The ULI UK Urban Art Forum’s first publication provides a guide for the effective integration of meaningful culture into all types of development schemes across London.
The guide aims to bridge the gap between developers and the cultural sector and to create a common language and collaborative method of approach.
It includes case studies that illustrate what outputs can be achieved, which methodologies to use, and the ways in which success can be measured.
The Urban Land Institute UK’s Urban Art Forum (UAF) has released its first publication, Including Culture in Development: A Step-by-Step Guide, following more than six months of research and development. Cultural placemaking has become a vital element for successful developments and is crucial for generating long-term economic and social return on capital investment. The guide provides clear and concise direction, along with effective methodology, and assists developers of the built environment to help improve the creation and integration of quality public art and cultural infrastructure within their schemes.
The step-by-step guide has been initially released as a London-focused publication, using case studies such as Somerset House Studios, the Creative Land Trust and Art Night along with select interviews – expanding on existing material such as the Greater London Authority’s ’Cultural Infrastructure Toolbox’. It establishes a methodology for best practice by identifying opportunities, goals, strategies and outputs for approaching a variety of factors such as timescale and intervention type.
By highlighting the objectives and roles within a particular project – those related to developers, cultural professionals, local authorities, local communities or design professionals – it provides a much-needed framework for developers and investors that highlights the benefits of incorporating cultural infrastructure and public art into their schemes.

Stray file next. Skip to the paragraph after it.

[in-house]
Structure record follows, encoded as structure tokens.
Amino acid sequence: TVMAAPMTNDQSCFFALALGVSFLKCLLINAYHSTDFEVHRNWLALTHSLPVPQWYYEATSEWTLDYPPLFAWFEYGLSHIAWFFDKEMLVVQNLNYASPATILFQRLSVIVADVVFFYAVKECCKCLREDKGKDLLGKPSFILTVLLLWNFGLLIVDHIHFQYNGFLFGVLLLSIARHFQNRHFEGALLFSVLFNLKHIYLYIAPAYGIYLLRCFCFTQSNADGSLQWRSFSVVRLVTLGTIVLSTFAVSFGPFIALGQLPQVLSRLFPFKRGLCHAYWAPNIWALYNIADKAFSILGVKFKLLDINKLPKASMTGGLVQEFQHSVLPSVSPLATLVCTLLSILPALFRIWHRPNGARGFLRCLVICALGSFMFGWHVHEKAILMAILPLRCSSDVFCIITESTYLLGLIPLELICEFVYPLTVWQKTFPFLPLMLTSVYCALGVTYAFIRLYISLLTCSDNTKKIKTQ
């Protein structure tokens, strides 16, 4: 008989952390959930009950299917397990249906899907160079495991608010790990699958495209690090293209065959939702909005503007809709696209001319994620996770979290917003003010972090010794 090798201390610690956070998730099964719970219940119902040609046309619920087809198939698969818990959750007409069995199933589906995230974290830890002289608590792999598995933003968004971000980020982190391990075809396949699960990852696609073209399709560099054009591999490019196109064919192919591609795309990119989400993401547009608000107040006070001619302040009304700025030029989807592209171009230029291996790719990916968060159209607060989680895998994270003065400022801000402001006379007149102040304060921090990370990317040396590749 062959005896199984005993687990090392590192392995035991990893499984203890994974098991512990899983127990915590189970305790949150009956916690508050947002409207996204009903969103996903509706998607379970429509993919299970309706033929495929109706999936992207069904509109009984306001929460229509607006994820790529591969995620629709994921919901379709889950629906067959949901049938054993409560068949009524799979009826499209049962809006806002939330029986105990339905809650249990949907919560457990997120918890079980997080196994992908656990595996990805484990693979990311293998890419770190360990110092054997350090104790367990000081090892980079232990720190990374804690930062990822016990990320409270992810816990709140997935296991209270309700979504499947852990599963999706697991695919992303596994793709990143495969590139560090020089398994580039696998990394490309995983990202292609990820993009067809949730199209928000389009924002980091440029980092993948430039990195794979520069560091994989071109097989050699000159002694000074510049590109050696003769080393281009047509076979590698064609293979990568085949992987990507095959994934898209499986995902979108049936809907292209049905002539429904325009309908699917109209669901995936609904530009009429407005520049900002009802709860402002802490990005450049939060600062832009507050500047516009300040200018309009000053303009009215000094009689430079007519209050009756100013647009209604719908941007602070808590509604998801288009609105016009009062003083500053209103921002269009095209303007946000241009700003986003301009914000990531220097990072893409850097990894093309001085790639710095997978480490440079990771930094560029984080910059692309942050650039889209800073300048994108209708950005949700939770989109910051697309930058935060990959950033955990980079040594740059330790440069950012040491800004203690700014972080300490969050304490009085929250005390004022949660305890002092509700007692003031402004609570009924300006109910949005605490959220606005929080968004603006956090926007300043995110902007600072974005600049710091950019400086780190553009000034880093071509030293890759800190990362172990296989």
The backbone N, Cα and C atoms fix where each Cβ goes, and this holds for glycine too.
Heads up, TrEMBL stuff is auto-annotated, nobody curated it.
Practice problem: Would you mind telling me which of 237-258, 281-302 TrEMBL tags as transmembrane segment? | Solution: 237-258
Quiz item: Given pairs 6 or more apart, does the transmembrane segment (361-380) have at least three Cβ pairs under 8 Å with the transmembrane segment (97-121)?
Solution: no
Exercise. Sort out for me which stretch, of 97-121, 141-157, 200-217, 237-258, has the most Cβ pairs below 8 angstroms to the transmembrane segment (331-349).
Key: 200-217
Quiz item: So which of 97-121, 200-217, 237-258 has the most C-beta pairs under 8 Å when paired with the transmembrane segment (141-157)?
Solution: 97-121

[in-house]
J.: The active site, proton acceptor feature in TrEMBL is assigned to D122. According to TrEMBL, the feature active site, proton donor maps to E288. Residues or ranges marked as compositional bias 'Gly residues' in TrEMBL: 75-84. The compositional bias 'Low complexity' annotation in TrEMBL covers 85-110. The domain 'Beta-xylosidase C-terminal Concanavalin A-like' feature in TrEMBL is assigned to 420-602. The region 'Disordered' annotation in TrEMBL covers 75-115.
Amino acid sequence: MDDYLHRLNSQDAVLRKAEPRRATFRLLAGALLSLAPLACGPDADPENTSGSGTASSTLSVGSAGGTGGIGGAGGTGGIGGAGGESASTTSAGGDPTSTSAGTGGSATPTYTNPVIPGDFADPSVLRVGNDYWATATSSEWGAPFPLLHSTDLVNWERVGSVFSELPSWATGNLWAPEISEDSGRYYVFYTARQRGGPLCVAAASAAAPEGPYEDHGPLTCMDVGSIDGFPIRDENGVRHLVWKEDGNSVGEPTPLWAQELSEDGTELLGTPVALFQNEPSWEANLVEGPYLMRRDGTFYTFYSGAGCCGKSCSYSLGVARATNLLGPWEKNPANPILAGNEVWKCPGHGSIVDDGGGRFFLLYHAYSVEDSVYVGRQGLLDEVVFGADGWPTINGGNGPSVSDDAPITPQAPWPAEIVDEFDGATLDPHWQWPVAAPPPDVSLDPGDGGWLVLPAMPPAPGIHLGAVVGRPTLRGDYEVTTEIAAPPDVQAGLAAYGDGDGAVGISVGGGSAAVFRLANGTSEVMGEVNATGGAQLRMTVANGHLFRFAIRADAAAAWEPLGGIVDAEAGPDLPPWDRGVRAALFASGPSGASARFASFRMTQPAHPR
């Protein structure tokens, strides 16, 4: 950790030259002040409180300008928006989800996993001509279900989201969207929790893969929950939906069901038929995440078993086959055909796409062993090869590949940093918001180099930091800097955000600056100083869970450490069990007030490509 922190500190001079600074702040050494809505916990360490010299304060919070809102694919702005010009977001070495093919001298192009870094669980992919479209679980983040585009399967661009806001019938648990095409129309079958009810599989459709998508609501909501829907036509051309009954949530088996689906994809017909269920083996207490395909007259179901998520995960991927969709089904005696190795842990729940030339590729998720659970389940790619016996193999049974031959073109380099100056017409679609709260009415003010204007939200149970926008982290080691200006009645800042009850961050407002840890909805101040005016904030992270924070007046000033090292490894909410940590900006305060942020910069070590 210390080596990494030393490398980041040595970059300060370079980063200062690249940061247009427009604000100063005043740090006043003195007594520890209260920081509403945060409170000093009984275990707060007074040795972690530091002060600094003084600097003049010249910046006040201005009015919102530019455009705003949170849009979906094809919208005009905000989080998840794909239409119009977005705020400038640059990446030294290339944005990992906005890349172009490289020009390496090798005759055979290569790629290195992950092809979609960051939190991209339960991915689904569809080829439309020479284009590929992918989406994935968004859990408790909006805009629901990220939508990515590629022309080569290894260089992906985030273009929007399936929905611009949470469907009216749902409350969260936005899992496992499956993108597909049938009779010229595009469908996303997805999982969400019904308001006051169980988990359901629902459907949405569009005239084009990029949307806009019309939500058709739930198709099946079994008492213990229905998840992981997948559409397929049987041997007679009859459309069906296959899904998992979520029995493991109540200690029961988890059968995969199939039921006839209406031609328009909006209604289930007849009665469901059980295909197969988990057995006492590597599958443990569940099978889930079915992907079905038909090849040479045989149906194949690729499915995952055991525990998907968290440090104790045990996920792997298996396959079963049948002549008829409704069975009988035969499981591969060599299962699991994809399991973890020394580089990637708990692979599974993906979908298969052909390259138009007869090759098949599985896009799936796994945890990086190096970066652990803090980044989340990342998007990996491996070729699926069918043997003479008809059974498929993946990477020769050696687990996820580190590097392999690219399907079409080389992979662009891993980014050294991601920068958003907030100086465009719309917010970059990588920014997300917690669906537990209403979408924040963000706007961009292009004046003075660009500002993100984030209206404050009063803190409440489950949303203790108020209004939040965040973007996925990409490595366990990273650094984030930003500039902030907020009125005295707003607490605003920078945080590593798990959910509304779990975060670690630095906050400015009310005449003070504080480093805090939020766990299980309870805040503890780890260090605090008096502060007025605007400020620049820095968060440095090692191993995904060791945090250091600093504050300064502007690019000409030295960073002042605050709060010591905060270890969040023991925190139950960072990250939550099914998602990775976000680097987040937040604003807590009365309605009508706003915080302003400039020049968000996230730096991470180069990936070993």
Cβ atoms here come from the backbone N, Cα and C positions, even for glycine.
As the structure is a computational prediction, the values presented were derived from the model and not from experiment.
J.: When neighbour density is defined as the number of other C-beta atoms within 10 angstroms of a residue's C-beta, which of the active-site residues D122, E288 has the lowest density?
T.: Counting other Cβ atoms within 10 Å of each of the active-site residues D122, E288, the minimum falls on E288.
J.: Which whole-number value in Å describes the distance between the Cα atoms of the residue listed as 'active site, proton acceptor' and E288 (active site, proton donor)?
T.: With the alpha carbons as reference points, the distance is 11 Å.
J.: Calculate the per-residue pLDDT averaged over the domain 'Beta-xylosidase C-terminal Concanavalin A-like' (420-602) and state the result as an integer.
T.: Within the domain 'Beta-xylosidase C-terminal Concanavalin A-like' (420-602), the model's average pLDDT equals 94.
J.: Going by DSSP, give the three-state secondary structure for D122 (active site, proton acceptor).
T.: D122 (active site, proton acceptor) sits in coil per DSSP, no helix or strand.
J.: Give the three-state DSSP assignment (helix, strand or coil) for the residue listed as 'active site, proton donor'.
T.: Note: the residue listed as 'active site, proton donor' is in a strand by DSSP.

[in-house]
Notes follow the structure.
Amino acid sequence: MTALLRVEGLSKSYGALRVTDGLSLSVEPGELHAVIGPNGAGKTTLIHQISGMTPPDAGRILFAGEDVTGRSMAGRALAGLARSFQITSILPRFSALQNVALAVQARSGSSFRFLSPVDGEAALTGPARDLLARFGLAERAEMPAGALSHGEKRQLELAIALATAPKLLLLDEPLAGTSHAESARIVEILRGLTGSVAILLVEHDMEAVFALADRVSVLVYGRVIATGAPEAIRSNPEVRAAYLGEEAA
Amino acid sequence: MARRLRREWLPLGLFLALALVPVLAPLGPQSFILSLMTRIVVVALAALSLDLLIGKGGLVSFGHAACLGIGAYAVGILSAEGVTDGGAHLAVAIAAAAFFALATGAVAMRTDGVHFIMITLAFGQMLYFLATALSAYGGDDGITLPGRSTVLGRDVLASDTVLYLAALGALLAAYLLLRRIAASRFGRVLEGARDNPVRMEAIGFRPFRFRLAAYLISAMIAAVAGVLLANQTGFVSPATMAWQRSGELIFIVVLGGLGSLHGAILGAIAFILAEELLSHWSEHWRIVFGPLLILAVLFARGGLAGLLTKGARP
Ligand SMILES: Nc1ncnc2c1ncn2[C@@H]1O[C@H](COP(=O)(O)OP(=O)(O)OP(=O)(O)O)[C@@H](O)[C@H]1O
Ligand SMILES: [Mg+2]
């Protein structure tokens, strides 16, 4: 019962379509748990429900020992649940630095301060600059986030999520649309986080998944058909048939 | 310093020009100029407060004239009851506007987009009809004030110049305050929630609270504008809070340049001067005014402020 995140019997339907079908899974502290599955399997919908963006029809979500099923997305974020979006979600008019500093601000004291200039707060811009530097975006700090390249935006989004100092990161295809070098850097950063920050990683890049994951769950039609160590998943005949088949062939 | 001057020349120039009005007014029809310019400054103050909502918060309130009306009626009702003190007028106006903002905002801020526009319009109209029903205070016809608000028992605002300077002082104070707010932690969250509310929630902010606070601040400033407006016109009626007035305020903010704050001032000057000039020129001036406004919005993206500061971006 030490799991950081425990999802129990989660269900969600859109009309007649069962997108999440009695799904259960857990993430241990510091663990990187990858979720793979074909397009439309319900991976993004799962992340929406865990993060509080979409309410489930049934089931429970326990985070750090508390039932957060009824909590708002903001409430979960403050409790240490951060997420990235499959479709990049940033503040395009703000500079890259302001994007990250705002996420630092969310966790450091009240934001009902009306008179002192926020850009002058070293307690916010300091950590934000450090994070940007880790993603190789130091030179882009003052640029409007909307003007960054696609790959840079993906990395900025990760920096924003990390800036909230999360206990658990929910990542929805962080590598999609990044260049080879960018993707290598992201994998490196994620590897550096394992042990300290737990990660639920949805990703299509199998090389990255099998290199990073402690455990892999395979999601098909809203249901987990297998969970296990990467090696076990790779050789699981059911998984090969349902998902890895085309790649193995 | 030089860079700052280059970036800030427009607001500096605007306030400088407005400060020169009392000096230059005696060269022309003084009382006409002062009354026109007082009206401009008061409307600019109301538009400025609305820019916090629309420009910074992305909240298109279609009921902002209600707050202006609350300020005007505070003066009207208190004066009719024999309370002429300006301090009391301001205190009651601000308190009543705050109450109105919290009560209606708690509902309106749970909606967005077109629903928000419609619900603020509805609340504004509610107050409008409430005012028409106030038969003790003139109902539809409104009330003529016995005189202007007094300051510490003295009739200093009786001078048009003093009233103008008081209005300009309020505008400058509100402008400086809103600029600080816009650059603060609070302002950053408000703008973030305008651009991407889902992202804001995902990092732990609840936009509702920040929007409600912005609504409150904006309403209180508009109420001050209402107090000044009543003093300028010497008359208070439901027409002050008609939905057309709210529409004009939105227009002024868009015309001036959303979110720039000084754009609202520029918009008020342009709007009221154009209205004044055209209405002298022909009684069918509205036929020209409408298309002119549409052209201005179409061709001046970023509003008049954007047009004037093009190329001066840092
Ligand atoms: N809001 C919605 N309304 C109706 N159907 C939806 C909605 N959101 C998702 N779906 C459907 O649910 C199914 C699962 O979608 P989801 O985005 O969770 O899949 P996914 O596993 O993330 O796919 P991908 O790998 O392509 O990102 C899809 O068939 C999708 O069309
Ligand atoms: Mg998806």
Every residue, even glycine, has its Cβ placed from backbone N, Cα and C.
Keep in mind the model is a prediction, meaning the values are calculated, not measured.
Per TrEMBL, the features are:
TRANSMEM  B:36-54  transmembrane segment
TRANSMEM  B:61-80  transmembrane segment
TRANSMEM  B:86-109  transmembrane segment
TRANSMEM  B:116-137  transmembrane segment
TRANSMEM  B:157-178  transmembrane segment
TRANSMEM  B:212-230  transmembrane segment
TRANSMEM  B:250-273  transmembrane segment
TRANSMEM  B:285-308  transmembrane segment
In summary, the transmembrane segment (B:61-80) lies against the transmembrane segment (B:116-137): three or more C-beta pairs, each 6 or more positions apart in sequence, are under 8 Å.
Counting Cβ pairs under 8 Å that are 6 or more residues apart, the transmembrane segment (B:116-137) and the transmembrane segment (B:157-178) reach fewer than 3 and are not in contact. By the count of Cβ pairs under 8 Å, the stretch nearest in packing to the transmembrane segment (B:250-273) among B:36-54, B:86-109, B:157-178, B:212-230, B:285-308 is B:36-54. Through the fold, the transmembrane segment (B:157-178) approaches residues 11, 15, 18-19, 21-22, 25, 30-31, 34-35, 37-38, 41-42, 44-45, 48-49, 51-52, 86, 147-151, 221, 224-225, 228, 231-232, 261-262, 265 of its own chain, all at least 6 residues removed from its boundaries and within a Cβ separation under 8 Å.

The guide has been compiled with contributions from a range of highly-experienced culture and built environment professionals, including the Culture and Creative Industries Unit at the Greater London Authority, PLP Architecture, Futurecity, Sound Diplomacy, Contemporary Art Society and Launch Pad.
‘Culture and heritage are in London’s DNA. They are central to the success of our city and the reason people come here to live, work and play. It’s vital that culture is at the forefront of developers’ thinking and this guide will ensure that cultural facilities and workspaces remain a key part of the fabric of our city.’
‘Public spaces democratise our cities. Urban art intensifies and amplifies our shared experiences in cities and expresses commitment to civic value – it shares a cultural benefit. The best urban art goes even further; it leaps to our senses and brings us closer to everyone who shares our experience.’